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Learn How. Discover Why. Build Better. - Christopher Schwarz


Wenzloff & Sons Saw Makers by Christopher Schwarz
Copyright 2006. Originally appeared in the Fine Tool Journal

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Specializing in Custom,


or Just Very Nice Saws

William Wresh hefted the enormous 24-1/4" - long tenon saw onto a stretcher that needed a tenon.  He tweaked the saw's position using his thumb so the teeth touched his cutline, and then he ensured the tool was plumb and square by checking the reflection of his work in the saw's shiny plate.

The saw, which was longer than a typical jointer plane, looked almost ridiculously huge on top of the 2-1/2"-wide stretcher he was about to cut, but Wresh was not afraid.  He didn't know enough about handwork to be afraid or to realize how odd the saw looked to modern eyes.  This was his first hand-cut tenon.

Wresh pushed the saw forward smoothly, and the teeth dove into the wood.  After 10 strokes on both sides of the joint, it was done.  The saw had tracked his cutline perfectly. 


A 20"-high traditional sawbench is the key to unlocking the utility of any handsaw. The height prevents you from striking the floor with the toe and allows you to use your legs as clamps on the work.  The London-pattern handle is exquisitely shaped and comfortable just like an 18th century saw.

A quick trim at the joint's shoulder revealed a tenon cheek that was smooth, flat and true. This near-perfect tenon was not beginner's luck.  This was simply a case of using the right tool for the job at hand.  And it just so happened that the right tool is a saw that hasn't been a common sight in workshops since the early 1800s.

While Wresh, a student of mine at the Marc Adams School of Woodworking, cut his first tenon with that tenon saw in early May, this particular story really begins about nine years ago when I bought a book (now out of print) called "The Tool Chest of Benjamin Seaton" (The Tools and Trades History Society).

Cover reproduced by kind permission of the Tools and Trades History Society


Benjamin Seaton (1775-1834) was not a famous British cabinetmaker.  In fact, this resident of Chatham is famous in woodworking circles because he abandoned the woodworking craft at an early age.  Seaton was 21 when he built a tool chest during a period of three and a half months.  He then filled it with a nice kit of tools bought for him by his father and drew up an inventory of its contents.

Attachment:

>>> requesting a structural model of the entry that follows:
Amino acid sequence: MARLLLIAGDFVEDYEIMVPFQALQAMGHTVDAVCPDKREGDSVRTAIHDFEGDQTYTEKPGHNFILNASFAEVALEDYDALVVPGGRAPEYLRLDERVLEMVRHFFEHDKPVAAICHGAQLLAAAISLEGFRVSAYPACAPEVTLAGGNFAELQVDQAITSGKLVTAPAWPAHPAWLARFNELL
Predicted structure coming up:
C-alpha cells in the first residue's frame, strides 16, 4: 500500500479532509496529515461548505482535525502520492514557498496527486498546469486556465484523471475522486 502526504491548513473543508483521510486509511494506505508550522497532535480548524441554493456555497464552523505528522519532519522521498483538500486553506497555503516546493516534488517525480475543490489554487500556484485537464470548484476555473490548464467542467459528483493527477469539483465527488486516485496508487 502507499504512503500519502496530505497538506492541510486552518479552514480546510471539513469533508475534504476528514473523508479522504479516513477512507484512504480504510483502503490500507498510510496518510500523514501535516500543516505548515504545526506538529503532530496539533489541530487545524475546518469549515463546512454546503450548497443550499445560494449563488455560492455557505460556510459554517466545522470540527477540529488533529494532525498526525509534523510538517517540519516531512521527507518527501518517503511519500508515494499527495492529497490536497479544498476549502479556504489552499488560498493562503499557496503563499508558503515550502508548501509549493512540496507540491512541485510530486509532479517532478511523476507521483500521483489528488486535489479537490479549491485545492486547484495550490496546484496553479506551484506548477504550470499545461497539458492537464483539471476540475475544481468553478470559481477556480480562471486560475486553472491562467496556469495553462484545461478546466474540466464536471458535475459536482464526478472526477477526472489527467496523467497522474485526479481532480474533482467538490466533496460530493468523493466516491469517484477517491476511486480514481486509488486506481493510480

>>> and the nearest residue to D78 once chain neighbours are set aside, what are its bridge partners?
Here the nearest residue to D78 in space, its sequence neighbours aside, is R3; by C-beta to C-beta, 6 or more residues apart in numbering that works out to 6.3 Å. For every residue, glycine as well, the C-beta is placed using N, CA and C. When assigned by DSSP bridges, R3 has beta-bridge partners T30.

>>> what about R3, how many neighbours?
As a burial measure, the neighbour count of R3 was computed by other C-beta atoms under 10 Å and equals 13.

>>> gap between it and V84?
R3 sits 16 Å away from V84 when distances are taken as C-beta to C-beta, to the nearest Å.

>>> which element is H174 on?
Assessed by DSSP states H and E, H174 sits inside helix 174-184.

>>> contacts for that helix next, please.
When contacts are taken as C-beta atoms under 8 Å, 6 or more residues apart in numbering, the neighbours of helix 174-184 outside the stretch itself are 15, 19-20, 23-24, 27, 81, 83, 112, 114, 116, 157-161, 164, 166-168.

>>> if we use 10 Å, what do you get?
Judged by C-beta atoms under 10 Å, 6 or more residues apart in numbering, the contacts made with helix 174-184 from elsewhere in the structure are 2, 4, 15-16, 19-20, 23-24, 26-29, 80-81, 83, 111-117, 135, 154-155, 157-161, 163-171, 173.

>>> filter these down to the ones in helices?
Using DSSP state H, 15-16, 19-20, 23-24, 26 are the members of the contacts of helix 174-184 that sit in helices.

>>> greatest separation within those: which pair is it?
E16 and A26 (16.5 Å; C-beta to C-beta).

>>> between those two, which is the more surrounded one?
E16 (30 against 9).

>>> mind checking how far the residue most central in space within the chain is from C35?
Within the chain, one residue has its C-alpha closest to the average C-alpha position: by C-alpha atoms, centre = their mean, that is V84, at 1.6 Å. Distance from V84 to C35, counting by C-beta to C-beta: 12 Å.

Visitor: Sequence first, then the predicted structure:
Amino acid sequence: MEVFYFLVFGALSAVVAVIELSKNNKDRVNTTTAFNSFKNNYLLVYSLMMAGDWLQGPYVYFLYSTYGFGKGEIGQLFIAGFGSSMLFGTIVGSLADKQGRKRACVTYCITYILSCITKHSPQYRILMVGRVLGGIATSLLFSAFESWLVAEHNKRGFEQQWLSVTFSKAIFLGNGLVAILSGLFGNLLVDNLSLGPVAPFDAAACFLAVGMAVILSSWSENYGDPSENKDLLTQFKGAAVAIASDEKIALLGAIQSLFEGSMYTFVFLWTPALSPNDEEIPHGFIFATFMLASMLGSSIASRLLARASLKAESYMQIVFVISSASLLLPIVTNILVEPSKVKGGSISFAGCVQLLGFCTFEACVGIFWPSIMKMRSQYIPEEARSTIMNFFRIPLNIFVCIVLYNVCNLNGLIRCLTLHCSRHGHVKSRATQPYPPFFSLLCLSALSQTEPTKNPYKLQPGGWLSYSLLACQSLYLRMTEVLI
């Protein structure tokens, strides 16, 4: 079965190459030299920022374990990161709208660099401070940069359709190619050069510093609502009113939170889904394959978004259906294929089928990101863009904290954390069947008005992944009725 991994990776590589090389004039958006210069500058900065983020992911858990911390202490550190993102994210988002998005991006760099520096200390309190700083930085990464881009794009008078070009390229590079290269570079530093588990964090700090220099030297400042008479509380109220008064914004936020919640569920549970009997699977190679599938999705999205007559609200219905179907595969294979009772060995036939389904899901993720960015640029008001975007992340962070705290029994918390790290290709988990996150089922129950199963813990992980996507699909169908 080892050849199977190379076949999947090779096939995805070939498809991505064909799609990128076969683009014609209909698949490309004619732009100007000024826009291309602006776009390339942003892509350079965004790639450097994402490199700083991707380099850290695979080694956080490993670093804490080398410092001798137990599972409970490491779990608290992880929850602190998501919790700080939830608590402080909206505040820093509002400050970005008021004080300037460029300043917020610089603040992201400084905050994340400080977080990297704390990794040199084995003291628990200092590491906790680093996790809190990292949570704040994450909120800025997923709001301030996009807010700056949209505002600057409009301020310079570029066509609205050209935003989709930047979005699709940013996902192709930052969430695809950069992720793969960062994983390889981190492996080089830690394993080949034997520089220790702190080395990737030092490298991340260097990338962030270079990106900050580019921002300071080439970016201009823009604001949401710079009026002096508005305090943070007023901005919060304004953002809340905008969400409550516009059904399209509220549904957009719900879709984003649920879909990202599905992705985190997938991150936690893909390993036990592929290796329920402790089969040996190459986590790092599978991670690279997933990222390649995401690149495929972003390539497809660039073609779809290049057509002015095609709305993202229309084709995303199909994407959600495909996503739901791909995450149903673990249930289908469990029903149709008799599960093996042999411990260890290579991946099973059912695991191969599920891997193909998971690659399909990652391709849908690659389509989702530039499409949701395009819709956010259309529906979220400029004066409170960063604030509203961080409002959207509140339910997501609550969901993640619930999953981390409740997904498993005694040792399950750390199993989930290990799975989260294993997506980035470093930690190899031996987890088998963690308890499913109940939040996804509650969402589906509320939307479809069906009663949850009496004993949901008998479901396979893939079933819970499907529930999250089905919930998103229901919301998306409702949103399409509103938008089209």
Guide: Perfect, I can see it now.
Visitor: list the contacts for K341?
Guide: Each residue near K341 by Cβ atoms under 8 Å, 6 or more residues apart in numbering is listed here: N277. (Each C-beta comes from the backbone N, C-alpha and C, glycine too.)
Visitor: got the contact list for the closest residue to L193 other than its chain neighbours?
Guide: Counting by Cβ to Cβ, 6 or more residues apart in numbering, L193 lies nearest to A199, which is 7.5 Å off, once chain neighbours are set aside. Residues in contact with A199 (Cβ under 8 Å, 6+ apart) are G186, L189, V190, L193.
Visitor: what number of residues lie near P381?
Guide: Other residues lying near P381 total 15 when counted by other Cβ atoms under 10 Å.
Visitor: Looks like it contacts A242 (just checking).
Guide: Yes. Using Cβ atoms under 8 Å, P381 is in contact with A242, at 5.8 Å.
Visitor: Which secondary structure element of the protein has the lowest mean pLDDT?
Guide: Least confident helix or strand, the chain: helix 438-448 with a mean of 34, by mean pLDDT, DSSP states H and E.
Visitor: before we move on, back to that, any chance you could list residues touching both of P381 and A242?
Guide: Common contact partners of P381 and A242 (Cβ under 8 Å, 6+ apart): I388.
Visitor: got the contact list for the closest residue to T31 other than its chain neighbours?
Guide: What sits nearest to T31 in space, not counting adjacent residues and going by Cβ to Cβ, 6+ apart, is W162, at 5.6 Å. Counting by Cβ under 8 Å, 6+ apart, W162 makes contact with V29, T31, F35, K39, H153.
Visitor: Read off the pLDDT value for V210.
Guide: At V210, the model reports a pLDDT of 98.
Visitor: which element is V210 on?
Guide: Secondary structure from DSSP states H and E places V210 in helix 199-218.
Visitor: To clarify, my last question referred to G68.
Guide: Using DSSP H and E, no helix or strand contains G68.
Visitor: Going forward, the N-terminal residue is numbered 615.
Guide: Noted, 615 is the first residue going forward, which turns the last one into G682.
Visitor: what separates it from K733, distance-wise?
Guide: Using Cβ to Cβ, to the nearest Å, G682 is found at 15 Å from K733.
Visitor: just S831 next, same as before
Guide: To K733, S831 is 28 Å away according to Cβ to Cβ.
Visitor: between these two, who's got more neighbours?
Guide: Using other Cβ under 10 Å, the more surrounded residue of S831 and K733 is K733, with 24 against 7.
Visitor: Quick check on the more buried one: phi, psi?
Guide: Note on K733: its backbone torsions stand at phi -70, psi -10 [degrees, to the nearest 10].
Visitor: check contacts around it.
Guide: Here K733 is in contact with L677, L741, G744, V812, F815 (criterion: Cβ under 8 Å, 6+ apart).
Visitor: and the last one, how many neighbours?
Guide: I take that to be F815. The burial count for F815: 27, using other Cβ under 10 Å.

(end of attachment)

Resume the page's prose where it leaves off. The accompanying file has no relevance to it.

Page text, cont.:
But Seaton didn't become a cabinetmaker.  Instead, he focused on other aspects of the family business: auctioneering and undertaking.  But due to luck and thoughtful heirs, Benjamin's chest survived almost completely intact and now resides in the Guildhall Museum in Rochester.  It's a snapshot of what a woodworker would need to make furniture in 1797.

In 1994 the Tools and Trades History Society published "The Tool Chest of Benjamin Seaton," a short 72-page book that examined the chest, the Seaton family history and the nearly 200 tools in the chest.

I've read this book more than five times straight through and refer to it regularly. It is a book that is both a riddle and the answer to many of my questions about traditional handwork.

Here's a quick and simple example: I've always struggled with checking the diagonal measurements of complex case pieces at assembly time folding rules are a poor tool for this job for a great many reasons. I've also always wondered why Benjamin Seaton had a roll of fine twine tucked in his chest and recorded in his inventory. One day, both the riddle and my problem were solved when I realized how twine is an ideal (nay, cunning) tool for checking diagonal measurements (it was my sister-in-law, who sews, who pointed me down the right path).

However, the one chapter of the book that has always captivated me is the chapter on the set of saws Seaton had. In addition to a turning saw and keyhole saw, Seaton had a set of six backsaws and handsaws, all made by John Kenyon. The saws are gorgeous, with London-pattern beech handles, brass backs and all the details intact.

Owning a set of original saws such as this would be difficult today. These saws are scare in fine condition, and you probably shouldn't be filing and using a pristine 18th century Kenyon saw anyway. So I've simply been looking at these photos for nine years and wondering things such as: Why is that tenon saw so huge? What good is a sash saw in a cabinetmaker's shop? What is it like to saw with such a huge (and probably heavy) crosscut handsaw?

After so many years of wondering, I thought that these questions would just have to go unanswered. But then I met Mike Wenzloff, who learned to file saws in grammar school. Wenzloff has worked as a logger, graphic designer, furniture-maker and (very nearly) a pastor. After sharpening saws as a side business for many years, Wenzloff decided in late 2005 to begin building custom handsaws and backsaws as his primary business. I asked him if he would make me a couple saws that were identical to the Kenyon saws from the Seaton chest. He agreed immediately.

Building saws like this called upon all of Wenzloff's skills: a deep knowledge of saw filing, an ability to use computers to translate photographs into wooden templates, an ability to shape beech handles by machine and hand, and just enough faith that it all would work out.

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